Editor's Note: Physicians Practice’s blog features contributions from members of the medical community. These blogs are an opportunity for professionals to engage with readers about a topic that is top of mind, whether it is practice management, experiences with patients, the industry, medicine in general, or healthcare reform. The opinions are that of the writers and do not necessarily reflect the opinions of Physicians Practice or UBM.
Several years ago, when one of the multistate lottery prizes was at an all-time high, a much wealthier physician sat me down to tell me what to do with my imaginary winnings. Funny, since I didn’t even have a ticket yet. But he, apparently having experience as well as several million dollars, had plenty of advice on what I should do if I come upon a few extra millions of my own.
Recently, someone asked a group of physicians if we would still work if we won the lottery. The answers were mixed. Some unequivocally said no, others said yes, and the majority of us said that we would still work—just not in the way we are working now.
Generally speaking, I think physicians are ambitious, driven people. We have spent most of our adolescence and young adulthood striving for excellent grades. We compete for residency and fellowship slots. Once there, we work hard to prove ourselves competent. We enjoy challenges. Some might even say we thrive on them.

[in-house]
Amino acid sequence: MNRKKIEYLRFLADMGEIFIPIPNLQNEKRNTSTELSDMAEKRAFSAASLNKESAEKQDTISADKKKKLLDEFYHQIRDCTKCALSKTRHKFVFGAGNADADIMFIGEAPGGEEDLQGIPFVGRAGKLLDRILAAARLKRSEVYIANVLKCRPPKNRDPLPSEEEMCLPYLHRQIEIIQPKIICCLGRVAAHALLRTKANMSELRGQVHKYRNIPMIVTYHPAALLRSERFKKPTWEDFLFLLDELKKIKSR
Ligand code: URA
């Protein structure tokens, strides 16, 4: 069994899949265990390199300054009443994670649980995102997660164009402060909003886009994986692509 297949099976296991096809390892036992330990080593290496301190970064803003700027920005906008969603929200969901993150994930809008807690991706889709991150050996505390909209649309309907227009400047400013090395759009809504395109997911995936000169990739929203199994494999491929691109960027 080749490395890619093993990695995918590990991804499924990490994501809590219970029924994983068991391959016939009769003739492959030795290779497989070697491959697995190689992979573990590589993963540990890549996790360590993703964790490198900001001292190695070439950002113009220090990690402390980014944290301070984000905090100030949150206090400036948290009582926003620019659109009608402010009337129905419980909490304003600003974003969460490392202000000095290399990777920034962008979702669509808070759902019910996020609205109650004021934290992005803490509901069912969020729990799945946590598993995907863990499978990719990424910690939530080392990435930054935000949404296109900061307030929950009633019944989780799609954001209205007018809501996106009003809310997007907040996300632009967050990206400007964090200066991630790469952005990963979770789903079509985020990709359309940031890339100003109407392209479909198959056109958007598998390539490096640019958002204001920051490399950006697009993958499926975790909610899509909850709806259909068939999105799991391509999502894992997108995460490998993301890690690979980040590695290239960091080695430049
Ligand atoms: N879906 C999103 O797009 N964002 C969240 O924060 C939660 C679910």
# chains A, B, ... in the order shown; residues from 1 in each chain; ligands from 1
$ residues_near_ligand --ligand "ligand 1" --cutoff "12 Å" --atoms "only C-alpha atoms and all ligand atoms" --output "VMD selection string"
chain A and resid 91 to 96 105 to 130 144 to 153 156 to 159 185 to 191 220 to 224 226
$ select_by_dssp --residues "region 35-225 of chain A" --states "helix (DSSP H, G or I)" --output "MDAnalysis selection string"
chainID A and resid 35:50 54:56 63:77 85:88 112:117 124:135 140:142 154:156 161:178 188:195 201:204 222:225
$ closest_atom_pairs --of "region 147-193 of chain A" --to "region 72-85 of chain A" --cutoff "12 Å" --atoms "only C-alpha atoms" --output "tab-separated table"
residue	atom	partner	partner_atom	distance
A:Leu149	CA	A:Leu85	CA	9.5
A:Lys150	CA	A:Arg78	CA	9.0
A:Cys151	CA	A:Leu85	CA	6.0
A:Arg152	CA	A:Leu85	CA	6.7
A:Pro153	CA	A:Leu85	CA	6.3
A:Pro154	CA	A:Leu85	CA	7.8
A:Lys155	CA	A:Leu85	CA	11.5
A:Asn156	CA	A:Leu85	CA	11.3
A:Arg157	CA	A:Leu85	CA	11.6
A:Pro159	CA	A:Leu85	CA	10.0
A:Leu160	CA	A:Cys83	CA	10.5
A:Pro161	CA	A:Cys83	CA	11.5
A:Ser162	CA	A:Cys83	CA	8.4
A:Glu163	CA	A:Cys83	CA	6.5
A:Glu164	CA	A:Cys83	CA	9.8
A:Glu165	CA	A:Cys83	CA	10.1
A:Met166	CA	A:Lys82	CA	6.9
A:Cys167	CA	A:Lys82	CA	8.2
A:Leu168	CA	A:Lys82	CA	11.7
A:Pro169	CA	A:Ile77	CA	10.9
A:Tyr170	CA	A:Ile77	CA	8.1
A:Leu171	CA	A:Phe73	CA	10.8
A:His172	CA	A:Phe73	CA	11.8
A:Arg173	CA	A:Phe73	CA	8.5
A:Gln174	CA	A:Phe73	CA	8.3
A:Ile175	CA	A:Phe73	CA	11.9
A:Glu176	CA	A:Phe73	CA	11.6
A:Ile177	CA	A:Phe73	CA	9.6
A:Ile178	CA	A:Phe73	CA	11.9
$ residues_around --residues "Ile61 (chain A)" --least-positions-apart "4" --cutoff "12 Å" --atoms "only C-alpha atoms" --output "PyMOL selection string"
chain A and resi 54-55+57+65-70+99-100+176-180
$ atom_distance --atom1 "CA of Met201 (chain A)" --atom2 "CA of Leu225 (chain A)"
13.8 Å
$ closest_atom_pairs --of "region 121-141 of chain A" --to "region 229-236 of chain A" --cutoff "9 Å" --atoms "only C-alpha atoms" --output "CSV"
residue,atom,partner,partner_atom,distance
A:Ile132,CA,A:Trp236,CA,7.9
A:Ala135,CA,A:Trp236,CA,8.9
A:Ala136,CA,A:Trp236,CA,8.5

Of course, we enjoy our time off, but not many physicians are people of leisure. The thought of not having something to get up for in the morning seems foreign to us. After all, most of us entered the profession with at least some form of altruism. One of the most common answers students give during medical school interviews when asked, “Why do you want to be a doctor?” is “to help people.” So, suddenly skipping out on our patients because we won a windfall is also not in our nature.
On the other hand, the practice of medicine in the United States is also not what most of us signed up for. We wanted to see patients, help people, and make a decent living doing so. Instead, we have been degraded to providers, basically hired help. Regulatory requirements are increasing our workload without any benefit to patients or physicians. Insurance companies interfere with the physician-patient relationship. We are forced to see more patients in less time and yet are asked to document more during those visits. Ah, if only we could spend time with them, talk to them, educate them, and hold their hands. If we could provide them with the care they need without worrying about proper coding.
Alas, although I did buy a lottery ticket that day and periodically since, I have yet to win enough to change the way I work or, for that matter, even buy a cup of coffee. I would love to have enough money that would allow me to provide care to patients without worrying how I am going to pay the staff or the rent. Enough money that would let me see the uninsured for free. Enough money that would let me help patients get the medications they need regardless of what their insurance company says. Yes, I would still work. But I would work my way, the way I wanted to ever since I decided to become a physician.